4) One very large concern is what aerosol diameters are being observed with the ACSM. If it is using a PM1 lens, any aerosol below 40 nm is not observed, and aerosol between 40 and 70 to 100 nm is only fractionally observed (e.g., approximate linear growth in the amount of aerosol observed with diameter to 70 - 100 nm). However, if it is PM2.5 lens, the ACSM will only observe 100% of aerosol for diameter > 110 nm. Thus, any aerosol observed for most of the solutions/modes for NPF are very surprising. Since many of the figures show potential contribution of "large" particles (>100 nm diameter) showing small contribution to the factor, how much volume is the small, large particle, contribution adding? E.g., is the volume large enough that that is what is leading to the aerosol being observed by the ACSM?
5) Looking at the progession of the NPF with the ACSM data is very surprising and needs further discussions. Some specific questions that need to be addressed are listed below:
5.1) How does the composition shift entirely from sulfate to organics or sulfate/organics to nitrate between F6 to F5? What happened to the sulfate? Looking at the solutions, it appears that F6 --> F4 and may be F5 --> F3; however, as it is presented and discussed, it appears the NPF event goes from F6 --> F5 --> F4 --> F3.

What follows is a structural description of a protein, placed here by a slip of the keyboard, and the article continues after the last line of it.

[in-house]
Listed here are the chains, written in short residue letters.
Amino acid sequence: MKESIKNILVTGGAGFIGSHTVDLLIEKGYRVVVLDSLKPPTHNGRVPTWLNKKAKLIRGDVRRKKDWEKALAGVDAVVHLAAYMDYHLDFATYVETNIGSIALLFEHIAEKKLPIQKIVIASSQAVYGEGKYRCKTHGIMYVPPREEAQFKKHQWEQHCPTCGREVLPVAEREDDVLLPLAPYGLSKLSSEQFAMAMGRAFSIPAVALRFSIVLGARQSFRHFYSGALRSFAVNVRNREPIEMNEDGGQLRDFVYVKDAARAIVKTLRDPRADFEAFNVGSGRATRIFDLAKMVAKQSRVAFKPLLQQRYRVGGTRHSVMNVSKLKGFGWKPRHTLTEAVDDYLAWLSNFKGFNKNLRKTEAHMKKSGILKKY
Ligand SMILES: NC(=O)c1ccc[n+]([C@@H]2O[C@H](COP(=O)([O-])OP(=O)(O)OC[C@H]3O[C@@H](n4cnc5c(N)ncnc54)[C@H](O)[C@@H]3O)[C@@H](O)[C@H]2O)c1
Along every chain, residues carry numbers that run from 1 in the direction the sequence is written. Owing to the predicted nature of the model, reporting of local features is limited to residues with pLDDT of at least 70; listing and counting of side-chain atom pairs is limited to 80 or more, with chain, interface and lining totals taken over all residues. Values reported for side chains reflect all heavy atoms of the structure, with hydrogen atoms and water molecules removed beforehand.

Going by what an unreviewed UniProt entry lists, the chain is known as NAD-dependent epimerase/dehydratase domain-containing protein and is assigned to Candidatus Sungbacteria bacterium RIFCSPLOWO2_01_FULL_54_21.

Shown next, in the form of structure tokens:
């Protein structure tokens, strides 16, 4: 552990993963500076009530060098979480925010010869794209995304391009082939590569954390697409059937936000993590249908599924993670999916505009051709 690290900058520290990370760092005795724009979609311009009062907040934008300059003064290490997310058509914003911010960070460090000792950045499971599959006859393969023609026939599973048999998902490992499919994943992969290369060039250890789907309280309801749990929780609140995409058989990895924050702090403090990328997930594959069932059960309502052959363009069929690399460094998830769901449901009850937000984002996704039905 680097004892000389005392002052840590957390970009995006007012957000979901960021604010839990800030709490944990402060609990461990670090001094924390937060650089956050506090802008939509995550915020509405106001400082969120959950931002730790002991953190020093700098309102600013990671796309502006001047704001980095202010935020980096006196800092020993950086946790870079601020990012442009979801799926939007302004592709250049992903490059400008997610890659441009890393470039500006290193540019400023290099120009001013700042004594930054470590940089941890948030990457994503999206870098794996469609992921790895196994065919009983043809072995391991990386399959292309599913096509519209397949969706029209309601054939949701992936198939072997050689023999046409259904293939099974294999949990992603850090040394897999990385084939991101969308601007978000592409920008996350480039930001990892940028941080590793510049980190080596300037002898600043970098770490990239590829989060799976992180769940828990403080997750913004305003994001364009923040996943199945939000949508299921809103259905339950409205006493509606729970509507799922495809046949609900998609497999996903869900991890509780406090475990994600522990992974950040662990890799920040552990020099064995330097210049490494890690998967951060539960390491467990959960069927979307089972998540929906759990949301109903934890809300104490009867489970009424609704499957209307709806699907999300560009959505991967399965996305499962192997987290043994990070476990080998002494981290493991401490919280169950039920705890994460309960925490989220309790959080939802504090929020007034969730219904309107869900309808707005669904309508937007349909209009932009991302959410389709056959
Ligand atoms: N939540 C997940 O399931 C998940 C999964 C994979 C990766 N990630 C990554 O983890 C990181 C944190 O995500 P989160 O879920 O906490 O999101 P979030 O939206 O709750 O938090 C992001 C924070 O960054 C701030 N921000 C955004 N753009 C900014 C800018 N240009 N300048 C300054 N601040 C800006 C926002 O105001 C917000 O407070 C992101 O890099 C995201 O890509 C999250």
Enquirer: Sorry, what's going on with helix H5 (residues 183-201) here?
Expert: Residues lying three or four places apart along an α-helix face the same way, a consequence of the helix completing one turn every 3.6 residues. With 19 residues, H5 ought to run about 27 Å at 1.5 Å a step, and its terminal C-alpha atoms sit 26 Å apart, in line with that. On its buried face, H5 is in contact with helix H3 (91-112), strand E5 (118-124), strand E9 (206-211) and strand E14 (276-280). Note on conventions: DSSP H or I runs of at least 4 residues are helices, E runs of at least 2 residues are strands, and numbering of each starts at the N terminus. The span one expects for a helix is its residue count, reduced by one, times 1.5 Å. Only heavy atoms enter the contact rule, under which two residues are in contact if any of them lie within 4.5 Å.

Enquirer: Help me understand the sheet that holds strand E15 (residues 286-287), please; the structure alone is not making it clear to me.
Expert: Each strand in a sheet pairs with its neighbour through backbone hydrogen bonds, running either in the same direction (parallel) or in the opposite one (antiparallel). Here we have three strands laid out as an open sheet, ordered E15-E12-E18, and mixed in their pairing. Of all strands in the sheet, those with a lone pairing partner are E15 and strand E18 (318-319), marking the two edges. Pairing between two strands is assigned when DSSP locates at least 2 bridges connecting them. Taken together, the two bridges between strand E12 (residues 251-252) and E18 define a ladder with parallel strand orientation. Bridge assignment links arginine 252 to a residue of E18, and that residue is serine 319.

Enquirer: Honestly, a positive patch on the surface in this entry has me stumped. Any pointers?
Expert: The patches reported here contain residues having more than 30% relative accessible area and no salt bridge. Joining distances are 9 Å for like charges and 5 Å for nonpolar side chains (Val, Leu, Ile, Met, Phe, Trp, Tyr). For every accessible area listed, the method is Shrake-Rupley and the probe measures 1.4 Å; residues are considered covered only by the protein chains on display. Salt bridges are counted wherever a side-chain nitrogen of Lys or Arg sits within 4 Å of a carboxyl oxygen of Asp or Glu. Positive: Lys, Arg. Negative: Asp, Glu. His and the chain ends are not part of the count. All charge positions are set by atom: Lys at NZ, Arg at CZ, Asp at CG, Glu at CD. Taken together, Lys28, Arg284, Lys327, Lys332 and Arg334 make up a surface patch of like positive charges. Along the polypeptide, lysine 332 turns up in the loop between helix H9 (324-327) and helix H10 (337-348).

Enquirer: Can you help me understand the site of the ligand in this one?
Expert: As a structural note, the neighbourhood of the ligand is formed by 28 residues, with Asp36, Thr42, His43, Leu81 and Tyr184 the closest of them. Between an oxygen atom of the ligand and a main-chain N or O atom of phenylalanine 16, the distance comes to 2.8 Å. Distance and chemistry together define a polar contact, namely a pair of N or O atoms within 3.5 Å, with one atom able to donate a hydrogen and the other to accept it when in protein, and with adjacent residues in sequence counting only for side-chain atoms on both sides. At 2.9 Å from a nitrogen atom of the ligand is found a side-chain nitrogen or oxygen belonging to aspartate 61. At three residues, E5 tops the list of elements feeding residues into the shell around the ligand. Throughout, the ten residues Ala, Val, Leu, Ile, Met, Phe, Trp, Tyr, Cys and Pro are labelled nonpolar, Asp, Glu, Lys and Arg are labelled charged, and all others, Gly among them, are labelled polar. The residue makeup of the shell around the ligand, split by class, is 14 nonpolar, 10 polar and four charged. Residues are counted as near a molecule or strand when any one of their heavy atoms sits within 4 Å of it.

5.2) Similarly, what happened to f(CO2)? Highly oxyenated material may be necessary for the initiation of NPF; however, it should not completely disappear as compounds with higher volatility, lower f(CO2) condenses onto the aeorosol.
6) Looking at the time series of SMPS number concentration vs time (Fig 5 & SI), it is not clear what has lead to some events being specifically selected as NPF and other times where there is what appears to be rapid particle formation not being selected as an NPF. For example, in Fig. 5, why was the third event selected as it appears it only went to 30-40 nms and stoppped but later times (after 5/30) not selected?
7) Fig 6 and associated figures in SI, it is surprising how the normalized mass spans what appears to be a larger time frame than the NPF event. E.g., Fig. S4 shows that the events are ~ 4 - 6 hours; however, looking at Fig. 6 (and associated figures), it seems that it takes a full 12 hrs to go from F6 --> F3. Clairification in how this figure/results are related to NPF needs to be further detailed.
8) Section S2. Further clarification needs to be added in this section to discuss the thermodynamics vs kinetics that may be controlling NPF and the aerosol composition in general. It is recommended that Weber et al. (2016) and Pye et al. (2020) are reviewed and incoporated in the discussions here, for the following reasons.
8.1) Are the values 0.99 and 0.98 statistically different, considering the overall uncertainties with the ACSM?